“‘In vitro diagnostic medical device’ means any medical device which is a reagent, reagent product, calibrator, control material, kit, instrument, apparatus, piece of equipment, software or system, whether used alone or in combination, intended by the manufacturer to be used in vitro for the examination of specimens, including blood and tissue donations, derived from the human body, solely or principally for the purpose of providing information on one or more of the following:
(a) concerning a physiological or pathological process or state;
(b) concerning congenital physical or mental impairments;
(c) concerning the predisposition to a medical condition or a disease;
(d) to determine the safety and compatibility with potential recipients;
(e) to predict treatment response or reactions;
(f) to define or monitoring therapeutic measures.
Specimen receptacles shall also be deemed to be in vitro diagnostic medical devices;”
Source: Article 2 IVDR
“In vitro diagnostic products are those reagents, instruments, and systems intended for use in diagnosis of disease or other conditions, including a determination of the state of health, in order to cure, mitigate, treat, or prevent disease or its sequelae. Such products are intended for use in the collection, preparation, and examination of specimens taken from the human body.”
Source: 21 CFR 809.3
Therefore, the requirements of the IVDR do not apply to RUO products. In the USA, they are exempt from cGMP and the FDA's quality regulations.
Since RUO products are thus subject to considerably fewer controls than IVDs, it is necessary to severely restrict their use.
Therefore, in particular they may not be used to:
As the name “research use only” indicates, products with RUO labeling are intended for research purposes only. RUO products are particularly attractive for the research sector due to the simplified process and lower hurdles for placing them on the market.
MEDDEV. 2.14/2 rev.1 provides a precise list of areas where RUO products may potentially be used:
And of areas where the use of RUOs is expressly not permitted:
However, the low hurdles are also the reason why RUO products are often used for purposes they are not intended for. This poses significant dangers for manufacturers, operators and patients.
RUO products are sold by manufacturers to medical laboratories. Although doctors sometimes also conduct research, this is not really the main purpose of a medical laboratory. Therefore, when discussing sales with doctors, it should always be assumed that there is a medical reason behind the use of the product.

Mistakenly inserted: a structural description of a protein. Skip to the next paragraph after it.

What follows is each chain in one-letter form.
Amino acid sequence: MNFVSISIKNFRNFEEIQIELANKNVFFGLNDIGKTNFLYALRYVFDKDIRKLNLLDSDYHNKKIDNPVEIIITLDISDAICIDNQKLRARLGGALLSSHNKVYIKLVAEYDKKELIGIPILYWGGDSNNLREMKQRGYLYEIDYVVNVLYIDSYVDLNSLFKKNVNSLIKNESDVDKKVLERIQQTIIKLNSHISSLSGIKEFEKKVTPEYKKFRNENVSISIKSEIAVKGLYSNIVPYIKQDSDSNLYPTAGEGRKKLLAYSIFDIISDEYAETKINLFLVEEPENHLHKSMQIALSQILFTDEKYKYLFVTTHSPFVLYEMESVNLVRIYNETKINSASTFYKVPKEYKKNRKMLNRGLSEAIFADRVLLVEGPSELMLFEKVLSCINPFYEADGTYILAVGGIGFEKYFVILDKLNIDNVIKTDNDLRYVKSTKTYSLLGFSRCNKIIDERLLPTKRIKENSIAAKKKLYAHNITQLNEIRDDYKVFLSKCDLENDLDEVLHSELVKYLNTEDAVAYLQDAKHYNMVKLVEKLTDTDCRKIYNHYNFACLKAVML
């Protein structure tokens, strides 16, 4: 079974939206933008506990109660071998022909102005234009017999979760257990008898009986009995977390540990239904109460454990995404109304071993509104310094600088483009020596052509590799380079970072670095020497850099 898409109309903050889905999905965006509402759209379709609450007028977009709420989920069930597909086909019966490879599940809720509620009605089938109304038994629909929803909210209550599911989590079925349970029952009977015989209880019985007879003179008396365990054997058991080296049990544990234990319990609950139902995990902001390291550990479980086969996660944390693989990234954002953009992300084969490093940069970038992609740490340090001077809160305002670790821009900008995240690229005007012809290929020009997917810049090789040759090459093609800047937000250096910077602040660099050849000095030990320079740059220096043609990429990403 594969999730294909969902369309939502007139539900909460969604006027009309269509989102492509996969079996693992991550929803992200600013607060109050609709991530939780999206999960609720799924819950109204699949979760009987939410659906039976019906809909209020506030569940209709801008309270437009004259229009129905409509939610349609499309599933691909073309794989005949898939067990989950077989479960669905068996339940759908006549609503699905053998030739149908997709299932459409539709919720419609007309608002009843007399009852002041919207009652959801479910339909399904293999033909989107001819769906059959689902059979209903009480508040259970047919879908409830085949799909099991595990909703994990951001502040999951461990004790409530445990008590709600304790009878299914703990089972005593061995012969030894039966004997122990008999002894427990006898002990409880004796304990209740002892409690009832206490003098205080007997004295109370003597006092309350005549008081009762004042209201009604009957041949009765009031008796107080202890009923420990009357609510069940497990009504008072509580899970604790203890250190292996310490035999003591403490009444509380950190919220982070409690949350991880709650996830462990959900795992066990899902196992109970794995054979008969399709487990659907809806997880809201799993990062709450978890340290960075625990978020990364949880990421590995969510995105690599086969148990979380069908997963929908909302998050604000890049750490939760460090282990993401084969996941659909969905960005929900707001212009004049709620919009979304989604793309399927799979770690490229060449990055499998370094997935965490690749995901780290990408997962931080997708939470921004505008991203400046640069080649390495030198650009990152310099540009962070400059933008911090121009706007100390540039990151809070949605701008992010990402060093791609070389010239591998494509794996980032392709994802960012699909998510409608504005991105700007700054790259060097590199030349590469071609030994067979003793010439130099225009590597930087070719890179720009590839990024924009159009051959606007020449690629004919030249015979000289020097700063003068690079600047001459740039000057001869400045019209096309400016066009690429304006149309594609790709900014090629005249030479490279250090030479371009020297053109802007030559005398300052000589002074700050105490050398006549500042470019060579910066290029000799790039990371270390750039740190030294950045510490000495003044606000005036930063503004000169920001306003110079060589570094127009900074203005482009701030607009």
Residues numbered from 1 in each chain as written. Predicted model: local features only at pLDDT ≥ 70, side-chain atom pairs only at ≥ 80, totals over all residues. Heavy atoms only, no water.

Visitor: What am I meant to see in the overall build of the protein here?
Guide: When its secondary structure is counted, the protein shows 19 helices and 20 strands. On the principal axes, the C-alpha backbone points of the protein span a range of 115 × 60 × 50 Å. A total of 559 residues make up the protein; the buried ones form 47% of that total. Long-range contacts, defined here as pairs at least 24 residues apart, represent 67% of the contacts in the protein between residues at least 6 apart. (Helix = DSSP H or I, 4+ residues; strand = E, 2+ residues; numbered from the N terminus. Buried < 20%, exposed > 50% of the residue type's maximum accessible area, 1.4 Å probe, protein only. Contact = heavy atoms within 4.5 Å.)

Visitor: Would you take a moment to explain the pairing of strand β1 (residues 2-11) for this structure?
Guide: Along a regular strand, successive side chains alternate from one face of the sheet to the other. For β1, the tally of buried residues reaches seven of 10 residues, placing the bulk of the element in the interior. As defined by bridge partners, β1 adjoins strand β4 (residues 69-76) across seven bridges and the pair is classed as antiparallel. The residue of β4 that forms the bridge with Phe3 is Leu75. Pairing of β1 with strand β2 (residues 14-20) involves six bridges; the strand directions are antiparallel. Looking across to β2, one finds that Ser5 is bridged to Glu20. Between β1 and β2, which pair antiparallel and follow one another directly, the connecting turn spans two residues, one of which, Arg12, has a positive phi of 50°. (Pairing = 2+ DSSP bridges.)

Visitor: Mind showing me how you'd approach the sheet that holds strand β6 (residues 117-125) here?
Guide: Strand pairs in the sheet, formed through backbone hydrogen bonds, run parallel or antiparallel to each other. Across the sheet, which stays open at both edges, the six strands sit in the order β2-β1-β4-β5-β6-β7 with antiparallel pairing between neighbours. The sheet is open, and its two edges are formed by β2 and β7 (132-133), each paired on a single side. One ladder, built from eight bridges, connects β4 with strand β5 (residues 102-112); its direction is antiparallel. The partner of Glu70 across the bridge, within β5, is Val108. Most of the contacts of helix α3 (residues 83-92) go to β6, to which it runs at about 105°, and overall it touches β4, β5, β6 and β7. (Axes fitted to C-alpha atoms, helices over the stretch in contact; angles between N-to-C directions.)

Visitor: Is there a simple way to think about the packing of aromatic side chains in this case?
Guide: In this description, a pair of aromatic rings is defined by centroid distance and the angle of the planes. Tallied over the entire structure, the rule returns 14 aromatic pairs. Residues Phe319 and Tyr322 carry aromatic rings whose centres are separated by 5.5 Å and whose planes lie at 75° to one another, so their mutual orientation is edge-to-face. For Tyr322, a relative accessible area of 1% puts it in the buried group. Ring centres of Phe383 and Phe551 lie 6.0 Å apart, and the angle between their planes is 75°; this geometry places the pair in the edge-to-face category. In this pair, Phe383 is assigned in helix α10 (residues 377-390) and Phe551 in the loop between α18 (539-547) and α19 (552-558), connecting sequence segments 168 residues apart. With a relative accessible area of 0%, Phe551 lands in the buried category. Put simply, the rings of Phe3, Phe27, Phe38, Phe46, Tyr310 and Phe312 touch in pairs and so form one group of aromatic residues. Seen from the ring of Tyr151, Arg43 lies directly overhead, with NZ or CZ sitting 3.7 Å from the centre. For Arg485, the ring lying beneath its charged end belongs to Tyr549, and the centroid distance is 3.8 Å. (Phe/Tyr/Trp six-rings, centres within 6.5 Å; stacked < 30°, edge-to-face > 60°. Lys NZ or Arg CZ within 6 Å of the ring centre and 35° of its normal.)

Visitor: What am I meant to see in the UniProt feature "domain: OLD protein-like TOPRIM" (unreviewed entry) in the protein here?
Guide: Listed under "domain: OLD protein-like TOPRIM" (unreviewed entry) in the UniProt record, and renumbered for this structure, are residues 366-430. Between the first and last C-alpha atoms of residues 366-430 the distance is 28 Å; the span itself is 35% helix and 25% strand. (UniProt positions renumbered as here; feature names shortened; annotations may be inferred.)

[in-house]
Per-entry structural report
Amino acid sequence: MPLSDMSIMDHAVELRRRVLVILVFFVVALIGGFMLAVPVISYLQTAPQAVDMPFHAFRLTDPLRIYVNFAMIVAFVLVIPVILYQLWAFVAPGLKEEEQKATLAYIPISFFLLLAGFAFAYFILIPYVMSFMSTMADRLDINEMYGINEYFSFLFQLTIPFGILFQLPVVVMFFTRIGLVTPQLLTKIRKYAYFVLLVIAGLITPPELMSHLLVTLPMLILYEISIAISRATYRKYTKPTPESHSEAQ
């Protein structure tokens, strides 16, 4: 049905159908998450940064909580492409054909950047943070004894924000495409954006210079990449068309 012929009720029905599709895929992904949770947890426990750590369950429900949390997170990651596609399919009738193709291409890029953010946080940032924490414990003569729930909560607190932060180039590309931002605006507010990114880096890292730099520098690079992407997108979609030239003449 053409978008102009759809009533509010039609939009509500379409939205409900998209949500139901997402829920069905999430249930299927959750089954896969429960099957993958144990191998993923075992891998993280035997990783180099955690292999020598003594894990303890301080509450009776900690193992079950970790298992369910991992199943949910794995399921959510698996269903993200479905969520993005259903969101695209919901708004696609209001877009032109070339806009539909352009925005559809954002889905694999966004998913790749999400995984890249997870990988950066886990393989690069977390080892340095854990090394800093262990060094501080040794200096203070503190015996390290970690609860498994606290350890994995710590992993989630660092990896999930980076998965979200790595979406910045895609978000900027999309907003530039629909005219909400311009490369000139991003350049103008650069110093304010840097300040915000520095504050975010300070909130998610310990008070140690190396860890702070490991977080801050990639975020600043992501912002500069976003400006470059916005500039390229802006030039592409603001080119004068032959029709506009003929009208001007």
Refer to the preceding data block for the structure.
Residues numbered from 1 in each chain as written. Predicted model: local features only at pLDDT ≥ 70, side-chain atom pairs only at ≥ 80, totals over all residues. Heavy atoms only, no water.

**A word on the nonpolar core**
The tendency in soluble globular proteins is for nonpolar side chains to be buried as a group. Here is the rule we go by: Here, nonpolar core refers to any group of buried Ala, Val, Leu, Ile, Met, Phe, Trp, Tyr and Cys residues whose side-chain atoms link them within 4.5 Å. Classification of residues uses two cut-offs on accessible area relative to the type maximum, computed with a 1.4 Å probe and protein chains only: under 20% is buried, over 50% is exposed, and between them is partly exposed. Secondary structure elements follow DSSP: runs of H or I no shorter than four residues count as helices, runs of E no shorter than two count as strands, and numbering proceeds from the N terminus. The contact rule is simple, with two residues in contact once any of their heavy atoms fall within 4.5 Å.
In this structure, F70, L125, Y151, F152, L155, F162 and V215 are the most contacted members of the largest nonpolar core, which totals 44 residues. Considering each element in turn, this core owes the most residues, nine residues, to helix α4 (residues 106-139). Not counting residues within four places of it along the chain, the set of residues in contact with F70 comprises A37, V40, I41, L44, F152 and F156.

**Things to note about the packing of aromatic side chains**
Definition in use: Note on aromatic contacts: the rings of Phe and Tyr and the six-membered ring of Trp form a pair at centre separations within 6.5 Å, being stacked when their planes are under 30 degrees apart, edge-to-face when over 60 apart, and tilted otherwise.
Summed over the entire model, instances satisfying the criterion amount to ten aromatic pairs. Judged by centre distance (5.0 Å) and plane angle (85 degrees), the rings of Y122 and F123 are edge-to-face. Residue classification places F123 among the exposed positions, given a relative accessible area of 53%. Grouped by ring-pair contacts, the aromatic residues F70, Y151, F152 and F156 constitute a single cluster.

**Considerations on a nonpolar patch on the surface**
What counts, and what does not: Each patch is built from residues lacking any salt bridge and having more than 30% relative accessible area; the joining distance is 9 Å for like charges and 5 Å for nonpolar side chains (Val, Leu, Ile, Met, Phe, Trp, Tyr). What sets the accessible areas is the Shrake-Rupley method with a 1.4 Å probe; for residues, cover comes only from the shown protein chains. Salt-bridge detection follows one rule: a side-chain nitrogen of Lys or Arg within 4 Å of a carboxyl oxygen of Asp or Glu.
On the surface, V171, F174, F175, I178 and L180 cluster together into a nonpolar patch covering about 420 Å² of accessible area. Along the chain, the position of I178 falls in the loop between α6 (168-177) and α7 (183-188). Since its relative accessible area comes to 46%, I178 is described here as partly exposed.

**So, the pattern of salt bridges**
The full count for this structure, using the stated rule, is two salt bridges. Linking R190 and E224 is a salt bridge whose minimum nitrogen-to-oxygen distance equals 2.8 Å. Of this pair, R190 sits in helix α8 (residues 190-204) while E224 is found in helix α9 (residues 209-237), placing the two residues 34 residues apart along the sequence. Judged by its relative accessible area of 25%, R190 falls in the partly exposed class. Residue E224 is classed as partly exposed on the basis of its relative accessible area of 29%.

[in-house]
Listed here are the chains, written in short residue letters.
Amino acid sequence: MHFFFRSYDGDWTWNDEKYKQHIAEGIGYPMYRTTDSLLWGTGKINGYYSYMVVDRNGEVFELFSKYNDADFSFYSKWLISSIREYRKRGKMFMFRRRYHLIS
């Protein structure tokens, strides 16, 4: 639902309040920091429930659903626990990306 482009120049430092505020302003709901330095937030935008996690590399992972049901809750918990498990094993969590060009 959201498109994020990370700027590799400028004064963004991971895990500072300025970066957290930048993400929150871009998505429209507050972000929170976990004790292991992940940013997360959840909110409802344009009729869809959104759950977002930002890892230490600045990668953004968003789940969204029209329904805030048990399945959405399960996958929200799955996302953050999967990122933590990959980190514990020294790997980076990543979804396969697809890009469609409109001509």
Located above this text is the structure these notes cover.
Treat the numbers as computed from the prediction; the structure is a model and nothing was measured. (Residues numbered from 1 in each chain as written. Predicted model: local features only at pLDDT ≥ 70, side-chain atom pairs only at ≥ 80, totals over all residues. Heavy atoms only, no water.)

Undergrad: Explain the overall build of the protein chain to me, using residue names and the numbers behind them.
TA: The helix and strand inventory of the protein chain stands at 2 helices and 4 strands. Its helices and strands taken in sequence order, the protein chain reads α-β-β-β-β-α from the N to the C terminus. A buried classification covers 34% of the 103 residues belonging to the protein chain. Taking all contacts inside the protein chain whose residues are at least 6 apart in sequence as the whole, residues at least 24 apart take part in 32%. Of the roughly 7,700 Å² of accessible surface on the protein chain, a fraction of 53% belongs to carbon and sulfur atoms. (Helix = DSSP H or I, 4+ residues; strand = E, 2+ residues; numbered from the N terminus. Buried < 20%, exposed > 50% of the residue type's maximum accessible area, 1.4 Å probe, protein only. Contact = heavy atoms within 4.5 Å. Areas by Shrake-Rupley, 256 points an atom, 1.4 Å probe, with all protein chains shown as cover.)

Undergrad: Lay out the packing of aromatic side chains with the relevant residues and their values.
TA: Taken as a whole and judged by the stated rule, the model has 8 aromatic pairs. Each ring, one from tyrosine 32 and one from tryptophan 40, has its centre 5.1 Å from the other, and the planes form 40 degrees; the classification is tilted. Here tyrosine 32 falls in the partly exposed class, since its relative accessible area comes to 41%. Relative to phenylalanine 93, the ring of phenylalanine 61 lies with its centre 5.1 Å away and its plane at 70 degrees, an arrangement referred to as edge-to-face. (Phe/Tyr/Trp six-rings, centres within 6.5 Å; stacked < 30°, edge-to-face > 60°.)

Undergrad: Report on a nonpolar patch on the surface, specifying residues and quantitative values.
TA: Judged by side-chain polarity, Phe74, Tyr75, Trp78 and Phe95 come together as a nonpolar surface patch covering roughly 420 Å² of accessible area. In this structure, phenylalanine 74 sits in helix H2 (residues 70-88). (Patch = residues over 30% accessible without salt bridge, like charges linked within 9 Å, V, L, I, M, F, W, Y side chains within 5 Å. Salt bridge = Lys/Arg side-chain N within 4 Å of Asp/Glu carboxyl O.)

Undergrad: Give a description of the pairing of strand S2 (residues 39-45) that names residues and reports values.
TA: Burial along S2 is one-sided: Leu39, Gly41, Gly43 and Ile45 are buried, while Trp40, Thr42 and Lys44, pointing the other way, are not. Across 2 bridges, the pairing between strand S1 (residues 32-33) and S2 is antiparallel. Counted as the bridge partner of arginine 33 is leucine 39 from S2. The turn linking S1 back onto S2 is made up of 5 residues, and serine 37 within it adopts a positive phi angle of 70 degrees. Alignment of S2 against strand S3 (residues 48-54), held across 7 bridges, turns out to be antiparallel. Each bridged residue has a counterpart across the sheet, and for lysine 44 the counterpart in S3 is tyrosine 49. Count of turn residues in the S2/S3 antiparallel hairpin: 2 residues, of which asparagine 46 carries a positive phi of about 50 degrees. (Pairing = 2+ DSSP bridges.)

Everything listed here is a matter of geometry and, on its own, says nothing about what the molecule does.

This means that anyone who knowingly sells RUO products to medical laboratories is potentially under suspicion of using the pretext “for research use only” to ignore an intended medical purpose and thus avoid responsibility for a medical device.
There are certainly laboratory products that clearly have no specific medical purpose, e.g.:
These products are best labeled as “general laboratory supplies” rather than “RUO”.
Avoid reference to any specific diagnostic procedures in your advertising materials for products that clearly do not have a medical purpose. You should always stay on the technical or purely analytical level.
Whether an RUO product contains analyte specific reagents, e.g., primary antibodies, FISH probes, PCR primers and probes, and sequencing panels, can be critical. In some cases, a medical purpose can be inferred just from the description of the product's performance.
This would be the case if a manufacturer of a RUO-labeled kit for the detection of viral genes specifies a number of copies per ml of blood that the kit can detect.
ASR in the USA
The FDA abbreviates the term “analyte specific reagents” to “ASR” and defines it as follows:
“Analyte specific reagents (ASR's) are antibodies, both polyclonal and monoclonal, specific receptor proteins, ligands, nucleic acid sequences, and similar reagents which, through specific binding or chemical reaction with substances in a specimen, are intended for use in a diagnostic application for identification and quantification of an individual chemical substance or ligand in biological specimens.”
Source: 21CFR864.4020 a)
In other words, US law says that, by definition, ASRs have a diagnostic purpose.
The sale of ASRs to IVD manufacturers as components for manufacturing kits or to non-clinical laboratories for research and development without compliance with regulatory requirements is permitted.
ASR in the EU